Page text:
COVID-19 affects all segments of the population, with young people playing a key role in the management of this outbreak and the recovery following the outbreak. Though much is still unknown on how the disease affects young people, governments are mandated in the World Programme of Action for Youth (WPAY) to ensure their services meet the needs of young people. In these circumstances, it is important to ensure that youth are heard alongside other community and patient voices in the rollout of health and non-health interventions in response to COVID-19.
Building up the capacity of youth to be able to make their own decisions on health and to take responsibility for health is also a key element of WPAY. In this context, health education, public health promotion, and evidence-based information are critical in combating the spread and effects of COVID-19, especially to challenge the spread of disinformation online. The role of governments as well as youth organizations and community groups will be essential to ensure that trustworthy public health information is disseminated. Young people themselves are also utilizing online technologies to spread public health information in engaging ways such as videos to promote effective handwashing or explain how social distancing can save lives.
Young innovators are already responding to the virus through social impact innovation. Around the world, a number of initiatives are being developed to leverage young people’s efforts to generate and deliver support to at-risk populations or populations affected by the pandemic. Whilst most of these initiatives are on a voluntary basis (e.g. young people offering to shop for and deliver food to elders or at-risk people), they can also take the shape of social enterprises. Many youth-driven technology innovation hubs are supporting startups to develop effective solutions to address COVID-19. For example, CcHUB (an open living lab and pre-incubation space) in Nigeria is offering to provide financial, research and design support for projects related to COVID-19.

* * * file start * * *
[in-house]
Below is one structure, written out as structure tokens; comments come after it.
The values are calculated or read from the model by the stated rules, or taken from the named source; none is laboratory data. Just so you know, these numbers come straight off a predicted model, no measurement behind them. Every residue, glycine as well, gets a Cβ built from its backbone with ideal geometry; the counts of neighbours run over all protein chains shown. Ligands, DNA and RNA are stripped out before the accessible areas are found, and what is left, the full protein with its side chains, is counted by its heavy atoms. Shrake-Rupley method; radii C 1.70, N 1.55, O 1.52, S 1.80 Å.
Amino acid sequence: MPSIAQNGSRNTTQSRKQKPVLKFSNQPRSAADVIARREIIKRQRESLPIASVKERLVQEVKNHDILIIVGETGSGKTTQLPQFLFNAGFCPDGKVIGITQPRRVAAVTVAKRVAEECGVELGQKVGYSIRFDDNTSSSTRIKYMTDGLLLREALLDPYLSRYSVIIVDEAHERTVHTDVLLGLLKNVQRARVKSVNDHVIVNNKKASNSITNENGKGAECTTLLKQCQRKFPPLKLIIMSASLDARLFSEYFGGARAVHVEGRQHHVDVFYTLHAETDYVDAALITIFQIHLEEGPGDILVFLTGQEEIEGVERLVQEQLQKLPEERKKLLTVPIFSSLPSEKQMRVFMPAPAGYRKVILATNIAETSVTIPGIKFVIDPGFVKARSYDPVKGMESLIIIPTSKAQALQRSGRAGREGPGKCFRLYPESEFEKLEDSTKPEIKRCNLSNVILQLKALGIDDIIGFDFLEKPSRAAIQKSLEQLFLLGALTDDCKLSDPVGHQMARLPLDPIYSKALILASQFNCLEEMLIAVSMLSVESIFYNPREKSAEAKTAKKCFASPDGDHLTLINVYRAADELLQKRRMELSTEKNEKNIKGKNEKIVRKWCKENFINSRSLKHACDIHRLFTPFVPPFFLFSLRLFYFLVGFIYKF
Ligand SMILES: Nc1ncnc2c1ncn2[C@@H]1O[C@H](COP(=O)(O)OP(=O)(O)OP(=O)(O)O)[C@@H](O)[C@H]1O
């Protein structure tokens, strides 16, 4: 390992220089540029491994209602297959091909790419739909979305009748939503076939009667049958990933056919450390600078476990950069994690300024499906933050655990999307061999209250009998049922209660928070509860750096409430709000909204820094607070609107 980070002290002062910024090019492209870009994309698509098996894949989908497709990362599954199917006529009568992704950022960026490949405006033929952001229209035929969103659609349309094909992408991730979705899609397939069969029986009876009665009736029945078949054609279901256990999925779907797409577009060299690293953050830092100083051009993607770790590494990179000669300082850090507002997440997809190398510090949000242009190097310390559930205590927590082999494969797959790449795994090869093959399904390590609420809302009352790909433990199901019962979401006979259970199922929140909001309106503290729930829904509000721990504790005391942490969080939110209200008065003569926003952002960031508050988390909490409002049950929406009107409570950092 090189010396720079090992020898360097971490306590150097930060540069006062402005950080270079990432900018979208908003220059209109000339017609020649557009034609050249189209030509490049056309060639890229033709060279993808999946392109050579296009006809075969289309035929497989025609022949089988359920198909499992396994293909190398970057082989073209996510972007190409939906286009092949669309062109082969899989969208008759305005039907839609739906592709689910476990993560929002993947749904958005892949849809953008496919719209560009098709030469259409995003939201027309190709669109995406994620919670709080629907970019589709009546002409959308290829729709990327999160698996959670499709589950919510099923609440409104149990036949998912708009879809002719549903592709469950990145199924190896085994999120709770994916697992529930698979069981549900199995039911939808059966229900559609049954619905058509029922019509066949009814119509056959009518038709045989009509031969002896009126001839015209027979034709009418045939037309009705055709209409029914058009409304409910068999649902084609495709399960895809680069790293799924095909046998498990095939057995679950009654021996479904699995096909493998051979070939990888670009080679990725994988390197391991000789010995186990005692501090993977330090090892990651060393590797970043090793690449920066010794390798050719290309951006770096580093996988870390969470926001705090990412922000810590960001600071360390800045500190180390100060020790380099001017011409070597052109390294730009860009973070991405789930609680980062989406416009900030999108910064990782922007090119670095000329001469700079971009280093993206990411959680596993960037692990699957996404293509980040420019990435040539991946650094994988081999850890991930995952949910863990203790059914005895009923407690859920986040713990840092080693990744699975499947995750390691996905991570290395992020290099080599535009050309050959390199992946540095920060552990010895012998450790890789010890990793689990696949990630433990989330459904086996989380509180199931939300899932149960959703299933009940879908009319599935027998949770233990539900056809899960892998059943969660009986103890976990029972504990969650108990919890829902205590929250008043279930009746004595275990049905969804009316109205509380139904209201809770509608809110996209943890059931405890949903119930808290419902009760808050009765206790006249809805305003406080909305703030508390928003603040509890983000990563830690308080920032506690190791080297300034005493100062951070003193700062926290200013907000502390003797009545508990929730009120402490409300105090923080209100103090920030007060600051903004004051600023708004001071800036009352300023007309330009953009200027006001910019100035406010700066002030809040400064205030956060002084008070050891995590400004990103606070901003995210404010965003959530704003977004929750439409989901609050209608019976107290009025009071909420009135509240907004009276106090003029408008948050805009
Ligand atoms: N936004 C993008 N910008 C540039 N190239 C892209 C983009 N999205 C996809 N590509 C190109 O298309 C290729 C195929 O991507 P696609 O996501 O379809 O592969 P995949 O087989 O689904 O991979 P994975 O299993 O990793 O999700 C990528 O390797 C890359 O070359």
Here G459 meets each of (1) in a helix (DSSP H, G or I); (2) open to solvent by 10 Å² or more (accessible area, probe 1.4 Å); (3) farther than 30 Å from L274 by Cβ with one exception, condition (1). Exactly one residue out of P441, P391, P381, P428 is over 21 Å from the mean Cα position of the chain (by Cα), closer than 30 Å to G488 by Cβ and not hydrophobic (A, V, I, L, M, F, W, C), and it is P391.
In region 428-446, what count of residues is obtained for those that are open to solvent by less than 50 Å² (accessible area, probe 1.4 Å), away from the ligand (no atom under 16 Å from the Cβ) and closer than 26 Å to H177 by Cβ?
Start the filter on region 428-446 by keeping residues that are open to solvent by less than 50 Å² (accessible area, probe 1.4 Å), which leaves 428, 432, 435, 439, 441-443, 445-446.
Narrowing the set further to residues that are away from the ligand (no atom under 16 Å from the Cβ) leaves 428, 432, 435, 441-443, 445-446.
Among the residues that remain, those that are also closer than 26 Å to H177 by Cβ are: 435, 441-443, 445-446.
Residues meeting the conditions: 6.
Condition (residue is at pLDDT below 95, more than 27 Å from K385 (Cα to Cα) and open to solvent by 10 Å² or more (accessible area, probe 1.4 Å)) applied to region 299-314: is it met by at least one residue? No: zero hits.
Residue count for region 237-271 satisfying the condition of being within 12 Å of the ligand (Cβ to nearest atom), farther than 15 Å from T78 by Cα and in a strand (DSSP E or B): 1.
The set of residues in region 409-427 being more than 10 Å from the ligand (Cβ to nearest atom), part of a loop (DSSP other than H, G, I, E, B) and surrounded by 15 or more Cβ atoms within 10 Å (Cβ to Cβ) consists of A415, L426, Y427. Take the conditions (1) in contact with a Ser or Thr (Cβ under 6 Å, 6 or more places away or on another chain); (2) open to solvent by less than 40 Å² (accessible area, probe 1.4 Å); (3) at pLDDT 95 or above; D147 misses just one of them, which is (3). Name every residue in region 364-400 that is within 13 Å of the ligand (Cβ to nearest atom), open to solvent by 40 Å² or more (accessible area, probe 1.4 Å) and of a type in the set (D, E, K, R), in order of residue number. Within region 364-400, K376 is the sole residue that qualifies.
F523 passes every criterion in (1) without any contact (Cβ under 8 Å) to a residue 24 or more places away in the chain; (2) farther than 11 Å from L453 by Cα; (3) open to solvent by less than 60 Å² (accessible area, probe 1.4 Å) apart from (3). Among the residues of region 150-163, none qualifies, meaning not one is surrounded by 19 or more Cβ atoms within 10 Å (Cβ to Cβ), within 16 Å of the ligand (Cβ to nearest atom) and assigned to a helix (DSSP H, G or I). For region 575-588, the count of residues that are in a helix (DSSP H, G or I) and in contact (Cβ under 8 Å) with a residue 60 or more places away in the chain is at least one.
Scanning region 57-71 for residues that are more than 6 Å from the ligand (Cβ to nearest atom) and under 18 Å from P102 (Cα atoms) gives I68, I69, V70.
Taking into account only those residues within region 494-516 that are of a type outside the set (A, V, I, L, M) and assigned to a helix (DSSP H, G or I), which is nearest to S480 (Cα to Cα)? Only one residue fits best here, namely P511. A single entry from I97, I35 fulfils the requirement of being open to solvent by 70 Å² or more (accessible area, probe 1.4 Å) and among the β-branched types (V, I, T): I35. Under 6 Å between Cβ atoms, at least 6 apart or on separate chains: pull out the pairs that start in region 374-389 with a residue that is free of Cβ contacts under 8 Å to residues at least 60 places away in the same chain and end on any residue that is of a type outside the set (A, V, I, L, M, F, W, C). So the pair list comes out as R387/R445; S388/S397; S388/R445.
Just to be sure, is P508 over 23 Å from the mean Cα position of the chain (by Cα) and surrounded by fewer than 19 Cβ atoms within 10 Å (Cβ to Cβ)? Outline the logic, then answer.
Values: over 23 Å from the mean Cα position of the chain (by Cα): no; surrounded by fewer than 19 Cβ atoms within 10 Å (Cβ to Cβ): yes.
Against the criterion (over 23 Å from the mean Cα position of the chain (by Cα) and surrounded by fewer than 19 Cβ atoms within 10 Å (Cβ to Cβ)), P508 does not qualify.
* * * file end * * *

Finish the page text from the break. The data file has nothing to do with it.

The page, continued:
Youth Social Entrepreneurship and the 2030 Agenda seeks to contribute to the understanding of how youth social entrepreneurship can both support youth development and help accelerate the implementation of the SDGs. To do so, the Report first synthesizes the current discussion on social entrepreneurship and anchors it in the context of the 2030 Agenda.
The Report then turns toward the situation of youth and examines weather youth social entrepreneurship can offer not only employment opportunities, but also support other elements of youth development such as youth participation. An assessesment of the potential and the challenges of youth social entrepreneurship as a tool supporting the 2030 Agenda and youth development in its broadest sense is also covered.
Finally, the report examines how new technologies can be leveraged to address some challenges faced by young social entrepreneurs as well as further support youth social entrepreneurship in its efforts to advance sustainable development. It also offers policy guidance to build enabling, responsive and sustainable national ecosystems for young social entrepreneurs.
To view the complete report, click here.
Source : UN